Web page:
Wednesday, September 8, 2010

You Can Tell Me Juliet

People tell me things. Secret things.

When I work as a muralist, I spend so much time in people’s private space they start to speak in front of me as though I were a piece of furniture--leaving few subjects, however lewd or illegal, unmentioned. Often lonely housewives –and in one case, a lonely househusband—follow me around while I paint, treating me as a trusted confidante. Before that, I was a Social Worker, which essentially means that I was underpaid to hear –and interpret, and keep—my clients’ secrets. And even prior to that I was an anthropologist; while I was asking about boring things like employment choices and settlement issues, my informants would tell me all sorts of private, intimate goodies that were ever so much more fun than any questions I could come up with.

(As a novelist, I might use some of these stories as inspiration, but only after I’ve twisted and molded them so that no one would ever recognize them.)

The truth is, they’re right to talk to me. Because I’m really good at keeping secrets.

For one thing, I’m deficient in gossiping abilities. I was an outcast in high school, where a lot of these skills are honed, and I never developed the right attitude towards the subject. I listen intently and then go on about my business, completely forgetting that the really juicy part about gossip is turning around and telling the next person, preferably while enhancing and radicalizing said tidbits of rumor and hearsay.

But mostly I'm good at keeping secrets because I believe we have a right to our surreptitious sides. Our dark desires. Our furtive fantasies. Our hopelessly nerdy needs. I’m not talking about secrets born of shame and imposed silence; harmful directives to hush about family disgraces, or terrible truths left unsaid...not at all.

Rather, I’m thinking of those undisclosed, mysterious parts of ourselves that we take out only at very special times: when we are alone and safe, or when allowing ourselves to be vulnerable to someone very special. These secrets are tiny, gold-foil packages to be unwrapped and savored in stone-clad garret rooms, guarded by iron doors and lit only by the subtle glow of candles. They are magical, private little gifts that become distorted only when others convince us that it’s wrong to keep them close to our hearts.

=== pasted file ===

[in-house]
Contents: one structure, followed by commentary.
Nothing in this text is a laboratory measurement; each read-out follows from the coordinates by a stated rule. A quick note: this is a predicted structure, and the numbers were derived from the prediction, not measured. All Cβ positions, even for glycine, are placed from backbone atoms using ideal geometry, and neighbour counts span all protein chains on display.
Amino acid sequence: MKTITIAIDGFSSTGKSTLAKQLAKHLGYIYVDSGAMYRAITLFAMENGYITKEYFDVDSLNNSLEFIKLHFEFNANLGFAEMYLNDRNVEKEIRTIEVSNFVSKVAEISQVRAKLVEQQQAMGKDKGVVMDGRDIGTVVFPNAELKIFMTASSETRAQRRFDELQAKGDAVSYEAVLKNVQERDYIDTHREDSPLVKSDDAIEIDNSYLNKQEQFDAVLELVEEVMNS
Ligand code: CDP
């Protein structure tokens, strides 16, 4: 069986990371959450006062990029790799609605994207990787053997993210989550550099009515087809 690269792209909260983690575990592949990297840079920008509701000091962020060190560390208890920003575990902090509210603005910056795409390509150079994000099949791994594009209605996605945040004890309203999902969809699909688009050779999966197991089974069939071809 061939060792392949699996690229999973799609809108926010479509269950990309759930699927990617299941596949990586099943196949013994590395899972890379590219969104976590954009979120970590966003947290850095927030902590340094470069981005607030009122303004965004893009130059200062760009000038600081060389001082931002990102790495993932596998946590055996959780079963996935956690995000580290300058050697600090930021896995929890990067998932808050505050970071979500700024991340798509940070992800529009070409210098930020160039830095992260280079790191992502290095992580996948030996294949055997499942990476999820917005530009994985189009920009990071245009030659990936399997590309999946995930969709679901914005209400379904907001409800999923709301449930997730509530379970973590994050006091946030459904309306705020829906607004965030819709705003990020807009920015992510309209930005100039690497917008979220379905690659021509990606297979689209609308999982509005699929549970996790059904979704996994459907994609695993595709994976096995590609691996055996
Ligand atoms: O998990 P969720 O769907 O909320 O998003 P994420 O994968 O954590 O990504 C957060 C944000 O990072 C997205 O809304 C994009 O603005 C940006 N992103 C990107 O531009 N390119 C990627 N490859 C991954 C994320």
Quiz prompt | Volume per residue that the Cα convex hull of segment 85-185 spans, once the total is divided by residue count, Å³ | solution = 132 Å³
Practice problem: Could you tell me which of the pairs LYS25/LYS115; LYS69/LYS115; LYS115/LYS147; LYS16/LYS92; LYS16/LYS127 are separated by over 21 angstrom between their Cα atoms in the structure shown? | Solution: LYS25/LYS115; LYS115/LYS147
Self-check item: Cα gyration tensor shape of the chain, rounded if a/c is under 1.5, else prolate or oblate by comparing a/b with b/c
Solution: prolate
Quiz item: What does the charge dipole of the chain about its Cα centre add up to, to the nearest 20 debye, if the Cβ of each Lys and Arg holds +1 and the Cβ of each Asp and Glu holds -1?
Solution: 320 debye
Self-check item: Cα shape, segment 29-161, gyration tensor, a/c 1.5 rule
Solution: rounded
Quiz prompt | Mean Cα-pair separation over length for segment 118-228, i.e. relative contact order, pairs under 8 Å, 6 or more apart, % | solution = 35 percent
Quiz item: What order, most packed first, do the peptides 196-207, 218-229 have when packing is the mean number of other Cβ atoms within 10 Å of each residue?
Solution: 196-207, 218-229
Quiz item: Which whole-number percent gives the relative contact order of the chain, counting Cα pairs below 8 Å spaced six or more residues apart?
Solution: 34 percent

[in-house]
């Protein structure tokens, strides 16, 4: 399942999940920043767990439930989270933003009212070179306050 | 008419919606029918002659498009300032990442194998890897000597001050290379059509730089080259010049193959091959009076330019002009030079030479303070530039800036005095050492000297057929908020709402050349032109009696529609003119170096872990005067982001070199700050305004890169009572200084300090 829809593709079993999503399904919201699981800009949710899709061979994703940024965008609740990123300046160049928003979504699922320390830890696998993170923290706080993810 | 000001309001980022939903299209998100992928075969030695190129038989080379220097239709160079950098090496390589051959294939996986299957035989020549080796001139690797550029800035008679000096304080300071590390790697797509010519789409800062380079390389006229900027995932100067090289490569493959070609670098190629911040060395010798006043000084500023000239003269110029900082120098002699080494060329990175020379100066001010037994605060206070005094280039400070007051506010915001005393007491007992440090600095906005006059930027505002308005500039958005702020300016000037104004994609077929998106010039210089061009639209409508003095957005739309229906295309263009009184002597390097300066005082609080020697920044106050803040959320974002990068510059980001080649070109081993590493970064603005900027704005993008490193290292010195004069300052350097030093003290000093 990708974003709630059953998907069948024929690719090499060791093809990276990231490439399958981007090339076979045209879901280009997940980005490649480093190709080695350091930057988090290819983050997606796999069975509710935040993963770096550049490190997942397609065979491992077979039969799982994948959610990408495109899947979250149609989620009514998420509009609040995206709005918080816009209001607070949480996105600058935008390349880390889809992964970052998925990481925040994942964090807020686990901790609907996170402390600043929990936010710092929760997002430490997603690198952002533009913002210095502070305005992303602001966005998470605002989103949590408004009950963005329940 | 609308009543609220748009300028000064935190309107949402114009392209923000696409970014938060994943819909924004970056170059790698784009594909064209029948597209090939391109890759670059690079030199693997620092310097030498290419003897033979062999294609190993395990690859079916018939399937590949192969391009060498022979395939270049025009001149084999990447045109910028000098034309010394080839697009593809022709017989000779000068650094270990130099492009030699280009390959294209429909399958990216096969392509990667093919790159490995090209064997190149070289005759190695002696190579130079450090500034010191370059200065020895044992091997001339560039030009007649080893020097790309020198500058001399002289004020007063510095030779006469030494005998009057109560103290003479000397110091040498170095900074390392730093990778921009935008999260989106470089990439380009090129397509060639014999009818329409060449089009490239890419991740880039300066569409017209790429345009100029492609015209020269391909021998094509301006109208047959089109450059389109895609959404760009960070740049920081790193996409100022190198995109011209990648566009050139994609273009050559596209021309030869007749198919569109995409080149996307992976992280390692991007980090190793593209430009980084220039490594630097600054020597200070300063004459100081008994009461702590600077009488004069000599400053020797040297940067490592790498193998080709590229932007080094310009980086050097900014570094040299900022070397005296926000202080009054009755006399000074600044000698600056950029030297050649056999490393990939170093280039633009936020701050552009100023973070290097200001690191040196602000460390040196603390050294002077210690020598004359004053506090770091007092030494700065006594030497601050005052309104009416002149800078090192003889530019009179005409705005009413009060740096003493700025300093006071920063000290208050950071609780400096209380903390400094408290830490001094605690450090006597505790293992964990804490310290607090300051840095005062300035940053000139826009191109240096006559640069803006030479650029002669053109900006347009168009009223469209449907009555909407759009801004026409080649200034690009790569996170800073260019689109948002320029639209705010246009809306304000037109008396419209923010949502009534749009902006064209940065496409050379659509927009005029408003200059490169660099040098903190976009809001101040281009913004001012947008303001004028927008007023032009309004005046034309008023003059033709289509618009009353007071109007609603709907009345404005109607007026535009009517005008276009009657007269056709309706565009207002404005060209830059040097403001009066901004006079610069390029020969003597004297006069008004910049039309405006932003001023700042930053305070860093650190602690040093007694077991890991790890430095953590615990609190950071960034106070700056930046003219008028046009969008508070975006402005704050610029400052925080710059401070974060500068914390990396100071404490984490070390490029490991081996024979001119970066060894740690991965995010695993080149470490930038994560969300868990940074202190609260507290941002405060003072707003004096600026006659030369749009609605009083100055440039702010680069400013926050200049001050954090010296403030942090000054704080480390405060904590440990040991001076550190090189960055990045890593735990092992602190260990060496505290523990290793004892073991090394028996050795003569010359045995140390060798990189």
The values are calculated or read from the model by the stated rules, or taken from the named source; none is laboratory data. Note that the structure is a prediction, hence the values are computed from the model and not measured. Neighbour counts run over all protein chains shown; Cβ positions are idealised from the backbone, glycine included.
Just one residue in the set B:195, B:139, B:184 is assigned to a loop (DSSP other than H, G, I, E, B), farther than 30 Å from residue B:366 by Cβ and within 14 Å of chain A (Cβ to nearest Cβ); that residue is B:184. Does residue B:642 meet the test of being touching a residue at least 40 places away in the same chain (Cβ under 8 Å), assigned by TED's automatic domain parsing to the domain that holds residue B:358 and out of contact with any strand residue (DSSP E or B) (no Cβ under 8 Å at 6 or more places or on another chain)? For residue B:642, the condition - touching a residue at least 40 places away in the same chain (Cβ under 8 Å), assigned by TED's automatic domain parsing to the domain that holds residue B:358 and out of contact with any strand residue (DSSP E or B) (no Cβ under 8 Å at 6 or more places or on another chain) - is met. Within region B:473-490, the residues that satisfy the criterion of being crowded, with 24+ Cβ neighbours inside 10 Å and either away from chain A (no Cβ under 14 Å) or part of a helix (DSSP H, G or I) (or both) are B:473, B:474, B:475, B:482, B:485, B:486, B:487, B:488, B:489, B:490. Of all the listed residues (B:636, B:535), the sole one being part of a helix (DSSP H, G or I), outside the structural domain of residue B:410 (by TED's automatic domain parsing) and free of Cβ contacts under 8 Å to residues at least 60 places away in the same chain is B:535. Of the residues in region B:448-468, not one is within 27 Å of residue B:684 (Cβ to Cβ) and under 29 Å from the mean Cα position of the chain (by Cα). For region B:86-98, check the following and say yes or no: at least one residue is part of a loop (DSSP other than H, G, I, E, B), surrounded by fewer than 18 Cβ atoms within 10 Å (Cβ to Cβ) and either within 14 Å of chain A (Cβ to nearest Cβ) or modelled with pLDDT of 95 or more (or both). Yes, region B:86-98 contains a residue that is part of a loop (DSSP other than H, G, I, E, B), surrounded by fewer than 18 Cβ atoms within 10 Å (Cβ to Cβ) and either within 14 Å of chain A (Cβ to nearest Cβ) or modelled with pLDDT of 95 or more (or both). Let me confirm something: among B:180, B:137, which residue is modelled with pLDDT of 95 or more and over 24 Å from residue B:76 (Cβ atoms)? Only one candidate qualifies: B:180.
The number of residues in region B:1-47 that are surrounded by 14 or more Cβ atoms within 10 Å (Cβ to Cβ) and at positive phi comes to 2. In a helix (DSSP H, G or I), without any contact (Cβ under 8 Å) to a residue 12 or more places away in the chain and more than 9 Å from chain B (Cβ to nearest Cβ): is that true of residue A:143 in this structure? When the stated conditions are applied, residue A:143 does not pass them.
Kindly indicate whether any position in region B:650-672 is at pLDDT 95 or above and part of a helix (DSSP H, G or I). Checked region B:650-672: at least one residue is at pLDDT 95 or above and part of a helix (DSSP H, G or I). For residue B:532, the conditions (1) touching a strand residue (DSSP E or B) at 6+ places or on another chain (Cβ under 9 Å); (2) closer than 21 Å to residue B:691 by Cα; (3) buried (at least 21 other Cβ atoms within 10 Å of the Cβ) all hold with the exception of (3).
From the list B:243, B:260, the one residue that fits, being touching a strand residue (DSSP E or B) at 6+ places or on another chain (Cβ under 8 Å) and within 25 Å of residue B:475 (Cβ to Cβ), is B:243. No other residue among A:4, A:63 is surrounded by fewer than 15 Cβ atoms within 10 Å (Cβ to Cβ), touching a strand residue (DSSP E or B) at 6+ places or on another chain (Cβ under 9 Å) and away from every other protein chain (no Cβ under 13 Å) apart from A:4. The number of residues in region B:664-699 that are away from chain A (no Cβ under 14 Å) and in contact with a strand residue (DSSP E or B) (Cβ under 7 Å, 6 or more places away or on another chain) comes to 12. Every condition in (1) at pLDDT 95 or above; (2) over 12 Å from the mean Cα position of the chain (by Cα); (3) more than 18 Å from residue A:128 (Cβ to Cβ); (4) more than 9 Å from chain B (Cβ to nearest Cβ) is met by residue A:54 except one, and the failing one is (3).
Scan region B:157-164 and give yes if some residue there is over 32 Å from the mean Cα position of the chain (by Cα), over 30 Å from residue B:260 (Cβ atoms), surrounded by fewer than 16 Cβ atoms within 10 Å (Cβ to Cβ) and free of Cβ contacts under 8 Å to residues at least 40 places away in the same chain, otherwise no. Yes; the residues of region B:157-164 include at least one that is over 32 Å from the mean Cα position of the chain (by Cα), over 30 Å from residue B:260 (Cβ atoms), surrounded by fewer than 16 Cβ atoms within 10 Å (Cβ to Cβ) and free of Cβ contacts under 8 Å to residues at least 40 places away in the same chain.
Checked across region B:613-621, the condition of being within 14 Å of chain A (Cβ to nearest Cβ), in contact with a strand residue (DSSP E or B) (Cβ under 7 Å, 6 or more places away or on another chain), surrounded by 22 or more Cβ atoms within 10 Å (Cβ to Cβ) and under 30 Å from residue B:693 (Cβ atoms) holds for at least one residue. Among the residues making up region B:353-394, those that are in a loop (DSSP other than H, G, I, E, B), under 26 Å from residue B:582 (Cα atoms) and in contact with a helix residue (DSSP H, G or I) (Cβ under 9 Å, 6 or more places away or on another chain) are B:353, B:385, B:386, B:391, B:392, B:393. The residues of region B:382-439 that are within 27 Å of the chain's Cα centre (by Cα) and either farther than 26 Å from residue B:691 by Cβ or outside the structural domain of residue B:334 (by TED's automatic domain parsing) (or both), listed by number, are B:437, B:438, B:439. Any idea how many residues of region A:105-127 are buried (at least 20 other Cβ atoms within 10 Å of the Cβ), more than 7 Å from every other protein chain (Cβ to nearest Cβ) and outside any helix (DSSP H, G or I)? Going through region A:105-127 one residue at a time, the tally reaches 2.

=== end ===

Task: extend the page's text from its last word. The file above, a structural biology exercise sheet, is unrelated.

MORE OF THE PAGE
So keep your secrets, at least a few. Let them bring a mysterious smile to your lips, an inexplicable sparkle to your eye, a surreptitious pounding to your heart. They’re yours, and only yours.

Unless you decide to share. And if you do, I’m your gal. I probably won’t even remember, anyway, and if I do, I promise: I’ll wrap them in gold foil, let them bring a Mona Lisa smile to my lips, and keep them safe.


Sophie Littlefield said...

what a beautiful post!

I think that one of the things that people respond to about you is that you always seem to be thinking of a lovely secret. As you say, one that is not even a distant cousin to shame, but which might be just a tiny bit naughty, and is most certainly big-hearted. In that way you just might have something in common with that mona lisa.

Rachael Herron said...

I'm gonna tell you SUCH a secret. ;) And I agree with Sophie wholeheartedly, about you always seeming to be thinking of a lovely secret. What a nice countenance to have.

Gigi Pandian said...

Wow, I knew there must have been a reason I spilled my guts to you the first time we roomed together at a mystery conference...

Juliet Blackwell said...

Oh, Gigi, I told *everyone* that! (just kidding!)
Rach and Soph -- don't let it fool you. Mostly I'm thinking about food. Or scotch. ;-)

L.G.C. Smith said...

Oh, I love the notion of keeping secrets as tiny, private gifts to ourselves! I've never thought of them that way. Ever. I think this may be an epiphany for me. :)

Unknown said...

This is so lovely... and I agree with Lynn, secrets as private gifts is *perfect* :)